July 31, 2020 | International, Aerospace

    GA-ASI Selected for Further Skyborg Vanguard Development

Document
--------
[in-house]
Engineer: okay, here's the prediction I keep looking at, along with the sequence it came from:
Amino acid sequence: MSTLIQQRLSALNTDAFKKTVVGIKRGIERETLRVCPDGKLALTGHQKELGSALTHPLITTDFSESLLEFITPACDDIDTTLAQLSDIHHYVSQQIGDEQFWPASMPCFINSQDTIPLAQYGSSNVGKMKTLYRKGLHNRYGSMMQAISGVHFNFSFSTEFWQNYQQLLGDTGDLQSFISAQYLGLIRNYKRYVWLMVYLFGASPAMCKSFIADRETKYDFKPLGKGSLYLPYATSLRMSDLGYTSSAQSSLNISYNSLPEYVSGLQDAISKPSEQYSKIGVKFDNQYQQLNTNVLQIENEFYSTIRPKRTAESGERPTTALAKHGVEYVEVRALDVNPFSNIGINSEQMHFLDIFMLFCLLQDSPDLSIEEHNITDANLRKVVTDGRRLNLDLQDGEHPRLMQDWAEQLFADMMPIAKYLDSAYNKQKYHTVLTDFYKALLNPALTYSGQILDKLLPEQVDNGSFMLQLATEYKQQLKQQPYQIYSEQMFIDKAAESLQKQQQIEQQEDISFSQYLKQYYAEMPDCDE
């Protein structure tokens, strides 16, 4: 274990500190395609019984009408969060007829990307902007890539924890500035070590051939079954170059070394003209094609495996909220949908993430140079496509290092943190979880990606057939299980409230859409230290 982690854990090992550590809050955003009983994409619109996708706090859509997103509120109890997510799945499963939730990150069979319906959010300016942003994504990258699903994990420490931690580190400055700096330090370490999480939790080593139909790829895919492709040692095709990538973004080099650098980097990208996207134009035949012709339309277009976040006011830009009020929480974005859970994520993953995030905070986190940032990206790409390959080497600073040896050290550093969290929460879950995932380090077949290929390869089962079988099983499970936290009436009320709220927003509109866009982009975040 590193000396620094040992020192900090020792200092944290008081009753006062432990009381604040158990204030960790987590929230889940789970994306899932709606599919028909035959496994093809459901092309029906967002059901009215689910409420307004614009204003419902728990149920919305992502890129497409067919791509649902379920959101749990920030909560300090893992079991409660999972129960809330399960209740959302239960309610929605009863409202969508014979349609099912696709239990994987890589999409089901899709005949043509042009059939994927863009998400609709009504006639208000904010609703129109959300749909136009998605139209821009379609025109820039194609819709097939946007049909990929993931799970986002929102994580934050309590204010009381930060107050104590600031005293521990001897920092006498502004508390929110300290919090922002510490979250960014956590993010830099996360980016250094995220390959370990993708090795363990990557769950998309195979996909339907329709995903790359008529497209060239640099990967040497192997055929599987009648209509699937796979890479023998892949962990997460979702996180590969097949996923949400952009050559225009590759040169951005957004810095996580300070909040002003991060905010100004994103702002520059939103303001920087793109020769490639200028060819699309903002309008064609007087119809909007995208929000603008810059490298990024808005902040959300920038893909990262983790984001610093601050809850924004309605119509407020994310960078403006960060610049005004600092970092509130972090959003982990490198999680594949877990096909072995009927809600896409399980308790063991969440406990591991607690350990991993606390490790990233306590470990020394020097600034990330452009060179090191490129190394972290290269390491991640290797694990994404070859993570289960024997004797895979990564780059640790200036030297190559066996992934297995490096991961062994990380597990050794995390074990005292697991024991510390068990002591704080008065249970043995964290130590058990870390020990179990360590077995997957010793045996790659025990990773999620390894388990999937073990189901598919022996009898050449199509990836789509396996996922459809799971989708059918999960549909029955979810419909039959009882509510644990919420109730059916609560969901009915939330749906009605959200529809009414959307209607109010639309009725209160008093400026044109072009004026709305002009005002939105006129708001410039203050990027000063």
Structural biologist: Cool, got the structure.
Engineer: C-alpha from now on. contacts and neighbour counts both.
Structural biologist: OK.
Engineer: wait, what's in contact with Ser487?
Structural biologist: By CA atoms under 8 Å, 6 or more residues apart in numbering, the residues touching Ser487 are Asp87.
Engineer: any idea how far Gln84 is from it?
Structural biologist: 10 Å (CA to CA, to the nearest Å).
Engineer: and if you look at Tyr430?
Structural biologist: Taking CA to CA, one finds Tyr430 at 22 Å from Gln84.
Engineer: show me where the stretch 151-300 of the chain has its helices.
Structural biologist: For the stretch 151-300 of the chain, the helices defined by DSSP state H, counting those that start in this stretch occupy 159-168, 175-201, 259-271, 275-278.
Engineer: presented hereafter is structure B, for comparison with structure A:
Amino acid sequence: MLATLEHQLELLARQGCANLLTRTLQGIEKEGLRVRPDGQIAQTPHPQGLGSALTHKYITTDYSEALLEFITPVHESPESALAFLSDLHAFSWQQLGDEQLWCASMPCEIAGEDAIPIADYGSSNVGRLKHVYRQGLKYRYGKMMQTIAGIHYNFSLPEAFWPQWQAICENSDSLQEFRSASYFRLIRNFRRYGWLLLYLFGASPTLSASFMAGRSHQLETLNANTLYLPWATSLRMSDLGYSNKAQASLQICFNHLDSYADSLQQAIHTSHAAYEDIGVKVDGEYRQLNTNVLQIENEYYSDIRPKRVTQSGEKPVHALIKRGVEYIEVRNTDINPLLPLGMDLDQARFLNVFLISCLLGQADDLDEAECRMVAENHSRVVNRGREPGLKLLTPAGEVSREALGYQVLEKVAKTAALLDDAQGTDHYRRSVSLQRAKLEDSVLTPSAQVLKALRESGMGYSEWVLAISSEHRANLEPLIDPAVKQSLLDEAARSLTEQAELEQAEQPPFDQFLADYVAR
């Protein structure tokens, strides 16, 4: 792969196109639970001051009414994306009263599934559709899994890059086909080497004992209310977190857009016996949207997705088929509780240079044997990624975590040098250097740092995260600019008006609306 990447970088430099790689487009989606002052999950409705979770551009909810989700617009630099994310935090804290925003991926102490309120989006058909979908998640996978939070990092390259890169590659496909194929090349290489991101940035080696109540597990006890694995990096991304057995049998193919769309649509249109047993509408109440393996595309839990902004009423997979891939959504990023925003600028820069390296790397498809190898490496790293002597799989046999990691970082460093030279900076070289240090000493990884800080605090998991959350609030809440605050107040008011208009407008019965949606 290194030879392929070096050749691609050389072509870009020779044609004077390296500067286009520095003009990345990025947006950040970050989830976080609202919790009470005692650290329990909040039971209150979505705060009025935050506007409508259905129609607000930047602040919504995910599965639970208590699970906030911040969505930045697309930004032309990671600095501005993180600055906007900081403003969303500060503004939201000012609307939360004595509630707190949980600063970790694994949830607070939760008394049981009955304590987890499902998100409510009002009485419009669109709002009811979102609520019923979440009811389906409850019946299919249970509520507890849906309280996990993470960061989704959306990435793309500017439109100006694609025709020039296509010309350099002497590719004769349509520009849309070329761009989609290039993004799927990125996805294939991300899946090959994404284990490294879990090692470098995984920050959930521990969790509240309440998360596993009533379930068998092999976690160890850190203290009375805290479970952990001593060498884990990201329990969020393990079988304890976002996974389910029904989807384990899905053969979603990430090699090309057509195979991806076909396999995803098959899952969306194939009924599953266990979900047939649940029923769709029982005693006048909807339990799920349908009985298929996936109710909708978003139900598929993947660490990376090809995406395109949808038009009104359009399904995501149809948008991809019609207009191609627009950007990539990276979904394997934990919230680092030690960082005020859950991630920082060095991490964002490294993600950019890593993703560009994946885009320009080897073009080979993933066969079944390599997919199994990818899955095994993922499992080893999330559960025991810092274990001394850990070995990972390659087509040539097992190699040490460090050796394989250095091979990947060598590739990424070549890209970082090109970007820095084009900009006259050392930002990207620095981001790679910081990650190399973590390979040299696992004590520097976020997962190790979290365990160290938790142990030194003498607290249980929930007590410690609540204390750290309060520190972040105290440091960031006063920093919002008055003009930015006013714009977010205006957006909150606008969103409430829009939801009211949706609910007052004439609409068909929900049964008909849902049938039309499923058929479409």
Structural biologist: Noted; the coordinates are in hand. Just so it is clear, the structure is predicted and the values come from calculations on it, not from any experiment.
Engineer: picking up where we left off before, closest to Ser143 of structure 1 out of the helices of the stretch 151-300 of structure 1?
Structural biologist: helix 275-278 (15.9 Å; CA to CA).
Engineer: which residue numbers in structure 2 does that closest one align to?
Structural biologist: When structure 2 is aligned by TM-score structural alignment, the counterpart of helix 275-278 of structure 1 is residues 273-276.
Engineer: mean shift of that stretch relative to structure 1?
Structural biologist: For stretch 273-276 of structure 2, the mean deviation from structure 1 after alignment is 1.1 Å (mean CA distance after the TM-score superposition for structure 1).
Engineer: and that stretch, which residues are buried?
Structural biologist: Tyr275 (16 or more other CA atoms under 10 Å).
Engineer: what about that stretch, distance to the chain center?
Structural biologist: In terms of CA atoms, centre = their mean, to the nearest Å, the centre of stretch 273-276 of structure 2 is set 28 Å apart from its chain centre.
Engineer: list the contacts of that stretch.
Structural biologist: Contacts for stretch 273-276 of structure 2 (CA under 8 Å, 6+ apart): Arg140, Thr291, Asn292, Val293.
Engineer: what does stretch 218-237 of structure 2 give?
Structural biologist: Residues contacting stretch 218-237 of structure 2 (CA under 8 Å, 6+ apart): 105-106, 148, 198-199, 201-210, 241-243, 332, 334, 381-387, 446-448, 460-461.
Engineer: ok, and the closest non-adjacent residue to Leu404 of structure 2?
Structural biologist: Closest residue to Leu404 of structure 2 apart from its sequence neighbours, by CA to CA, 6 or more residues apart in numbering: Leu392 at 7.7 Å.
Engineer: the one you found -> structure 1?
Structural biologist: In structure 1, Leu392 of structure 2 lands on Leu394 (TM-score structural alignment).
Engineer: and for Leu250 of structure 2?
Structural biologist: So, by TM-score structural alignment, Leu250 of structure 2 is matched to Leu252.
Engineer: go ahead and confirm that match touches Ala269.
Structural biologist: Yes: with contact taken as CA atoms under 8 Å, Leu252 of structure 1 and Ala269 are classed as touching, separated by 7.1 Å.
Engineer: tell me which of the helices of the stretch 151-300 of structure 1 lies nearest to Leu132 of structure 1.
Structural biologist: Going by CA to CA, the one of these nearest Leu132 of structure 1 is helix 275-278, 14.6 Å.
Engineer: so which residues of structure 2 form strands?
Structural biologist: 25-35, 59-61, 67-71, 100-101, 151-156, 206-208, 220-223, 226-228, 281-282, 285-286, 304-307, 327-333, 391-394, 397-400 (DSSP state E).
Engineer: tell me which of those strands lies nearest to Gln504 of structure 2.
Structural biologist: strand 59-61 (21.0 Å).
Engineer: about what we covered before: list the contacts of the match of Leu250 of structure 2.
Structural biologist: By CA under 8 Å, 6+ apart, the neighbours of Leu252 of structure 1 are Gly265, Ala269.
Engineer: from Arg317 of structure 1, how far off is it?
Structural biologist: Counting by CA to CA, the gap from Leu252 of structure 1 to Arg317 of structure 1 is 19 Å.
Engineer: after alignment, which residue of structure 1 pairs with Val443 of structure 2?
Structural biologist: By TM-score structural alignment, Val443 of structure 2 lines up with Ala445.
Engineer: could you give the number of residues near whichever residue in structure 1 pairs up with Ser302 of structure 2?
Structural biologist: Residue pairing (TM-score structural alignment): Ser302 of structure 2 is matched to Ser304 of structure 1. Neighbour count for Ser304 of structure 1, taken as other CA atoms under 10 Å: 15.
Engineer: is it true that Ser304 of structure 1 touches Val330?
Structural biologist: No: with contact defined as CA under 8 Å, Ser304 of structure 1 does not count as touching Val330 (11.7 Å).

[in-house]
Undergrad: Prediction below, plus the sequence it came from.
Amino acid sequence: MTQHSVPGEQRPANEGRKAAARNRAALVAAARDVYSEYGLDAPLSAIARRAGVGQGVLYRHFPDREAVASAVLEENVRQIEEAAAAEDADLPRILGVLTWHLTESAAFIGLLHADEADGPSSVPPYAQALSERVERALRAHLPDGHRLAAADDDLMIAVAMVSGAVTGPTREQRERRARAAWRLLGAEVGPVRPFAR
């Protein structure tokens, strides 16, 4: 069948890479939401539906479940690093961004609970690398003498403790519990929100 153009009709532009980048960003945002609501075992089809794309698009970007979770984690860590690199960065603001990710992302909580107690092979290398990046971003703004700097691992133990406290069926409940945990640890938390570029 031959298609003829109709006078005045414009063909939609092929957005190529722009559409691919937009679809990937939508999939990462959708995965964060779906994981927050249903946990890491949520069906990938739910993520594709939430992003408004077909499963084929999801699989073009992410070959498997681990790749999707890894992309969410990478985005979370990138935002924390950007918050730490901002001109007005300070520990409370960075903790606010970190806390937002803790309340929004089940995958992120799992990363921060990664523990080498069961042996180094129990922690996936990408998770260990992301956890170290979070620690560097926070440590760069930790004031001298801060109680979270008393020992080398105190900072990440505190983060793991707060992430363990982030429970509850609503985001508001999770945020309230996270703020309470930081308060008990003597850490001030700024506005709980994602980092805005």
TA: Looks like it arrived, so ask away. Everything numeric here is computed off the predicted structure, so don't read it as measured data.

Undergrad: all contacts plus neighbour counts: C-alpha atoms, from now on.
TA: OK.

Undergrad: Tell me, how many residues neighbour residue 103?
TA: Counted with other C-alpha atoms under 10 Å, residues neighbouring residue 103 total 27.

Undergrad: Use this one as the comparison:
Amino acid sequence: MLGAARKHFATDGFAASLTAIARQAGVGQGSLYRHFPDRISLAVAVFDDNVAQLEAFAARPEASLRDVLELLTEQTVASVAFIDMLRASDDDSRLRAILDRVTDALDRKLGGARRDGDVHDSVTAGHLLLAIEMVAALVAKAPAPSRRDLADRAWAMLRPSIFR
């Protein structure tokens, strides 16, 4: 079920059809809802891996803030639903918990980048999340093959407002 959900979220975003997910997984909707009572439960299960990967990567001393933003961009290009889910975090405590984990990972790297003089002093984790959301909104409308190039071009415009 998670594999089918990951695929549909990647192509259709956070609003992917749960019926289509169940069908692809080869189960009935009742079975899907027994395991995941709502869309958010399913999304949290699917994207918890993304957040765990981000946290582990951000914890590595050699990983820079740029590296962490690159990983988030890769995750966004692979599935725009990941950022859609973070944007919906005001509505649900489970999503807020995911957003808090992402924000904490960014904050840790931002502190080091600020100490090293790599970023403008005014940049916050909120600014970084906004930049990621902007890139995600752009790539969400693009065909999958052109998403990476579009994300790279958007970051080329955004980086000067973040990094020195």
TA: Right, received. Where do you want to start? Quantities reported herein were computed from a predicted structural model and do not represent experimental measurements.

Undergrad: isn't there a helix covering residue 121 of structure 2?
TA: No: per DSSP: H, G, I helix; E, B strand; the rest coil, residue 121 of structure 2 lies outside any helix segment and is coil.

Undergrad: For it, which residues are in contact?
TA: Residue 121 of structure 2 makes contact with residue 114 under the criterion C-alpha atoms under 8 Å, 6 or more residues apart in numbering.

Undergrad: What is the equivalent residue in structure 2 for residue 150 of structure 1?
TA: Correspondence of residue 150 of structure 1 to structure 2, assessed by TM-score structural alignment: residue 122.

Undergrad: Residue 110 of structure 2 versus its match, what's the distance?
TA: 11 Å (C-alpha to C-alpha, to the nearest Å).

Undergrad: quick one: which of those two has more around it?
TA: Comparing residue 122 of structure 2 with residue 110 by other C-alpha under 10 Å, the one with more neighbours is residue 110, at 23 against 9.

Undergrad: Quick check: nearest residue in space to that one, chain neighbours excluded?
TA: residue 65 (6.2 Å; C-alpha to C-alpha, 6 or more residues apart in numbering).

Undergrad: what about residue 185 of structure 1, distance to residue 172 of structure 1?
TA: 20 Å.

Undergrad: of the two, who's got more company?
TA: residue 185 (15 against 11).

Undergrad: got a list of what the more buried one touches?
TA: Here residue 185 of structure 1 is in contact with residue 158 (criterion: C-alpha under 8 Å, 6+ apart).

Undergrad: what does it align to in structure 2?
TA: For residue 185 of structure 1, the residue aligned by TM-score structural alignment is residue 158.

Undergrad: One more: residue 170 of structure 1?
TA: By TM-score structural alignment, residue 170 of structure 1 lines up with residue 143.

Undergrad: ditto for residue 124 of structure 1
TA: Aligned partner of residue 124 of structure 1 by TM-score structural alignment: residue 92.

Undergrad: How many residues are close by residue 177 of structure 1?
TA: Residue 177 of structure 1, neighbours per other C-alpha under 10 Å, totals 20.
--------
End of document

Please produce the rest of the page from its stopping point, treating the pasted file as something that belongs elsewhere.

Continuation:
San Diego – July 28, 2020 – General Atomics Aeronautical Systems, Inc. (GA-ASI) is pleased to announce the recent award of an indefinite-delivery / indefinite-quantity (IDIQ) contract by the U.S. Air Force Life Cycle Management Center (AFLCMC) for the Skyborg Vanguard Program. Skyborg is an autonomy-focused capability that aims to integrate attritable, autonomous unmanned aircraft with open mission systems to enable manned-unmanned teaming. According to the AFLCMC's press release, this program will provide a “game-changing capability to the warfighter.” “We appreciate the opportunity to continue work on the Skyborg Vanguard program,” said Linden Blue, CEO, GA-ASI. “We are always looking for innovative, affordable ways to significantly increase USAF capabilities that address new mission challenges.” GA-ASI was one of four companies selected for further support to the program. These initial awards establish a vendor pool that will continue to compete for up to $400 million in subsequent delivery orders under the Skyborg Vanguard Program. About GA-ASI General Atomics Aeronautical Systems, Inc. (GA-ASI), an affiliate of General Atomics, is a leading designer and manufacturer of proven, reliable Remotely Piloted Aircraft (RPA) systems, radars, and electro-optic and related mission systems, including the Predator® RPA series and the Lynx® Multi-mode Radar. With more than six million flight hours, GA-ASI provides long-endurance, mission-capable aircraft with integrated sensor and data link systems required to deliver persistent flight that enables situational awareness and rapid strike. The company also produces a variety of ground control stations and sensor control/image analysis software, offers pilot training and support services, and develops meta-material antennas. For more information, visit SkyGuardian, SeaGuardian, Predator and Lynx are registered trademarks and SkyGuardian is a trademark of General Atomics Aeronautical Systems, Inc. For more information contact: GA-ASI Media Relations General Atomics Aeronautical Systems, Inc. +1 (858) 524-8108 View source version on GA-ASI :